Reggie Bush wouldn’t use the word “unstoppable” to describe the Detroit offense, even if few teams in the NFL have the dynamic options at quarterback Matthew Stafford’s disposal.
All-everything wide receiver Calvin Johnson emerging as the finest pass catcher of his generation. Bush in the backfield showing the speed and creativity that made him so dangerous in college nearly a decade ago. The breakout performance of rookie tight end Joseph Fauria and the steady hand of veteran Brandon Pettigrew.
All of whom work at the pleasure of Stafford, who appears to be morphing from big-armed talent into one of the league’s elite.
Good, yes. Unstoppable? Not really. At least, not yet.
“I would say we’re pretty tough to match up against,” Bush allowed.
And that’s been more than enough this season for teams who play the erratic Pittsburgh Steelers (3-6), who still believe they can chase down AFC North leading Cincinnati if they can somehow develop the consistency that has eluded them throughout the fall.
“We realize that the mistakes that we made early on in the season has put us in this hole, but they are just what they were, mistakes,” wide receiver Jerricho Cotchery said. “We’ve worked to correct those mistakes and hopefully that translates into the wins that we need to be able to make it into the playoffs. The guys feel like we can do it. That’s the belief we have in this locker room.”
It’s a belief that can be crushed if Megatron gets loose. Five things to look for as the Lions try to win in Pittsburgh for the first time since 1955:
The days when Stafford would just cock his arm and heave it are over. Now in his fifth season, the 25-year-old Stafford has become one of the most efficient quarterbacks in the league. He’s taken just 10 sacks despite averaging over 40 pass attempts a game, thrown only seven interceptions and displayed a flair for the dramatic.
As impressive as his last-second dive over the top against the Dallas Cowboys was last month, perhaps a bigger sign of his maturity came on the nine-play, 74-yard drive Stafford led in the fourth quarter at Chicago last week. The score turned a slim one-point lead into an eight-point cushion with a perfect 14-yard strike to Johnson.
“He makes good and fast decisions,” Steelers coach Mike Tomlin said. “He puts balls in places for guys to make plays.”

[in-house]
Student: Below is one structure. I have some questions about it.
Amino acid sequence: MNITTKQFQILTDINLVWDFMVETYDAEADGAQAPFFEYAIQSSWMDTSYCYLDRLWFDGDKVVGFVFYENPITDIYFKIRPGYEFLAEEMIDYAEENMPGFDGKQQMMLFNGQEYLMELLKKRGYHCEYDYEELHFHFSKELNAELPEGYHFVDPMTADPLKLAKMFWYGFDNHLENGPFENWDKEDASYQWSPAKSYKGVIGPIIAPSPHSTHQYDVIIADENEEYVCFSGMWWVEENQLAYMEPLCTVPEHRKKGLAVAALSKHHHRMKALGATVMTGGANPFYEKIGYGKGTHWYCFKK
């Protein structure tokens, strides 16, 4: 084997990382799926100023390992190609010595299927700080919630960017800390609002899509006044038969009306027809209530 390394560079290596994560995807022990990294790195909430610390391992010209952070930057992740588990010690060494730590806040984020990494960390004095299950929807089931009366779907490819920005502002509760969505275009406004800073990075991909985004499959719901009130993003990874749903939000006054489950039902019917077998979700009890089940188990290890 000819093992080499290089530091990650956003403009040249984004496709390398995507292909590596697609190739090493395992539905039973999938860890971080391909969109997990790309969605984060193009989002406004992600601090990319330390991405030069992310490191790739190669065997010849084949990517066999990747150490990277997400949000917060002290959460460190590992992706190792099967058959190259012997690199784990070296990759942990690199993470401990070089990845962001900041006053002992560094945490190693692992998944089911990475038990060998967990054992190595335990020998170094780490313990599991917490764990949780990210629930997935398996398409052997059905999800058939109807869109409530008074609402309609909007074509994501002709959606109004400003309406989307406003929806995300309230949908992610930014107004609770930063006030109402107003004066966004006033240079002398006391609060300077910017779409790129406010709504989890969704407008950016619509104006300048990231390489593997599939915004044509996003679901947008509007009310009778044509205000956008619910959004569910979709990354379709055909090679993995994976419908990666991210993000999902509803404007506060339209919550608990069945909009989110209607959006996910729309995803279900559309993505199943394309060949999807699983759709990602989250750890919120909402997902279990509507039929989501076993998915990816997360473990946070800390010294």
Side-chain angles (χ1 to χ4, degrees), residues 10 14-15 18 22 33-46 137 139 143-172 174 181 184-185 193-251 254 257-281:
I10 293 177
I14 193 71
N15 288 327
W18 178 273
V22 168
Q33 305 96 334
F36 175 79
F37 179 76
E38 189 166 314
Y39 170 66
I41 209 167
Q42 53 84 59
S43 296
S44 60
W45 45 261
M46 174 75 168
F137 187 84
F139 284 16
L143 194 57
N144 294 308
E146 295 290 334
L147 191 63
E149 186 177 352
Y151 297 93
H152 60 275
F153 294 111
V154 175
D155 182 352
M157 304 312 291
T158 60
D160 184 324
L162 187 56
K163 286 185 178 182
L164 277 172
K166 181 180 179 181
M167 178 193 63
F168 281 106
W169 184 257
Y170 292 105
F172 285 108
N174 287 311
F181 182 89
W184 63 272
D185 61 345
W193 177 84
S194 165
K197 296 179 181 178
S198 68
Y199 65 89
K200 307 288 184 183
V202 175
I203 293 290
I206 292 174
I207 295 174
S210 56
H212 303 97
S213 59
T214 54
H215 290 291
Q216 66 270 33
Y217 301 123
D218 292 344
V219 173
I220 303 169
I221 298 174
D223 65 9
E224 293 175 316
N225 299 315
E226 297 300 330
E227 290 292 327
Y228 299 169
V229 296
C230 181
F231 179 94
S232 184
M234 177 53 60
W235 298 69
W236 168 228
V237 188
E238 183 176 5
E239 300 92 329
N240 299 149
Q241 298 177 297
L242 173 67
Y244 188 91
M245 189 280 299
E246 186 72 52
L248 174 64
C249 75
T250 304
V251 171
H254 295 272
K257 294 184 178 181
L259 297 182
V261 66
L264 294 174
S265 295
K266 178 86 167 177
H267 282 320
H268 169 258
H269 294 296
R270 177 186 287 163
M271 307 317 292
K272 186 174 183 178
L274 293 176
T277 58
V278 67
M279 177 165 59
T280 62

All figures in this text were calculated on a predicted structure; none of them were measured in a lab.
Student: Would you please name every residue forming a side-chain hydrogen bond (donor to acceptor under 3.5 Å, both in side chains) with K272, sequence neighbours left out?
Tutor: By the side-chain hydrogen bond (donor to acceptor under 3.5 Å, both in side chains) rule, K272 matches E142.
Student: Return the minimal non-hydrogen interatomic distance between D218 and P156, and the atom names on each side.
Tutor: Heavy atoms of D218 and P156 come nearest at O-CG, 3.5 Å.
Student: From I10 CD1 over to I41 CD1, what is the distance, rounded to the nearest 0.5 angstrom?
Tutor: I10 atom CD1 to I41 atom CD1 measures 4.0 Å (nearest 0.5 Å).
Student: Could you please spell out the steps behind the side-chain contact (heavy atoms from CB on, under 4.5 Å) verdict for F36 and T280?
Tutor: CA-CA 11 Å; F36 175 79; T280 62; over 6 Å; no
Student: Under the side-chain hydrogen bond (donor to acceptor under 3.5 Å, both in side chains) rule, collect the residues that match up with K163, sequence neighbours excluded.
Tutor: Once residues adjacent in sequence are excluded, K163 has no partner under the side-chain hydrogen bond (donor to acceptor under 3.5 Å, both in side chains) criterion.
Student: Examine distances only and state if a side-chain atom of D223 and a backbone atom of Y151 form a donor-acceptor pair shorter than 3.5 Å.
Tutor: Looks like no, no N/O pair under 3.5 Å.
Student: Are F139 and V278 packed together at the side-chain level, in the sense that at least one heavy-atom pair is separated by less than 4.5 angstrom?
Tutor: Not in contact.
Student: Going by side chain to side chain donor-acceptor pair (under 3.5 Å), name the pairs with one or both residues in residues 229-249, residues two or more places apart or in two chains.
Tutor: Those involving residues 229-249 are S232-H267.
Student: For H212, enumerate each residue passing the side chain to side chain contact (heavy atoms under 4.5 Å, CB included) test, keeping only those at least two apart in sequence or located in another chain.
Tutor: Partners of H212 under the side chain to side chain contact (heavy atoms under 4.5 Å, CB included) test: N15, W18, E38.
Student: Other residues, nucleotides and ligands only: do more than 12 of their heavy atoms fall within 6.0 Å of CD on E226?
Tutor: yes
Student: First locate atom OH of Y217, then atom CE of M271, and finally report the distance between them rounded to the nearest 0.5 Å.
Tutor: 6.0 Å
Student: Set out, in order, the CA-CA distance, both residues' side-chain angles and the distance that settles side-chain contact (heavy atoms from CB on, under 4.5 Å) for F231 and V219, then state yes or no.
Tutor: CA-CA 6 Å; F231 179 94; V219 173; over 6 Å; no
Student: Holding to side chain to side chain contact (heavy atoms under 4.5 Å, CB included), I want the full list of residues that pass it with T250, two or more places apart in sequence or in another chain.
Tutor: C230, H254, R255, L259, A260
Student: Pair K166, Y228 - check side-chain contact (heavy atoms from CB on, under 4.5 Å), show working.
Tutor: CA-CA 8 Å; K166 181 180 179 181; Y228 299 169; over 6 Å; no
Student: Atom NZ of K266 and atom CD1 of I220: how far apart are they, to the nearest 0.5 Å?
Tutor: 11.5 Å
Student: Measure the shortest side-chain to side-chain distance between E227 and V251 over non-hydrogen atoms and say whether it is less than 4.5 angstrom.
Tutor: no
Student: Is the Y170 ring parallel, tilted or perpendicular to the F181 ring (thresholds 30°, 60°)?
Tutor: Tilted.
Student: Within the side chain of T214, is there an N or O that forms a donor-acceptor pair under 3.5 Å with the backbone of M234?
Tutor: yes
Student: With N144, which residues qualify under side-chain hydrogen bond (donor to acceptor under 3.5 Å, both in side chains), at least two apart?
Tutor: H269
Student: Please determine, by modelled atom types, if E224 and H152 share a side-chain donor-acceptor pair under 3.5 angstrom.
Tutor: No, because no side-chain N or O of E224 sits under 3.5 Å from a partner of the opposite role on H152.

RED ZONE WOES
The Steelers have started to gain momentum offensively behind the rise of rookie running back Le’Veon Bell, yet that hasn’t translated to touchdowns. Pittsburgh has scored four touchdowns in its three wins and kicked 11 field goals. It’s a ratio that needs to change for the NFL’s 28th-ranked red zone offense. Less than half (45 percent) of the Steelers’ red zone possessions end with six points.
“I think when we get down there we need to keep staying aggressive and not get too conservative and bring in extra lineman,” Pittsburgh quarterback Ben Roethlisberger said. “We have great weapons.”
The Lions have been competitive at home for years no matter how bad things have been — except perhaps in their winless 2008. This year, they’ve found a way to take that act on the road.
Detroit already has victories at Washington, Cleveland and Chicago.
“It takes a full team to win on the road,” Stafford said. “They’re not often pretty wins, not often do you go in to somebody else’s place and just put a whooping on them. It’s usually a grind-it-out game where each phase of the game has to make a play to help you. We have been able to do that.”
Doing it in a place the franchise hasn’t won since Hall of Famer Bobby Layne was flinging spirals would set them up for a very favorable stretch drive that includes four games at Ford Field and trips to Philadelphia and Minnesota.
Roethlisberger joked the best way to keep perpetually irritated Detroit defensive tackle Ndamukong Suh at bay is to “try not to upset him.”
Good luck with that.
Roethlisberger has already endured 35 sacks this season, the second-highest total in the league. An ever-changing combination of linemen hasn’t helped. Neither has Pittsburgh’s tendency to fall behind early, forcing the Steelers to abandon the run. If Detroit jumps in front, Roethlisberger could be in line for another long day.
The Steelers abandoned the “big picture” approach after a 2-6 start and have instead focused on treating every week as if their season is on the line. They enter today in a weird spot, two games behind the Bengals in the loss column, but also only two games clear of conference doormat Jacksonville.
“I look at one game and one game only,” Roethlisberger said. “I don’t think you can afford to look at where you sit and what other teams are doing. All we can do is control what we need to control.”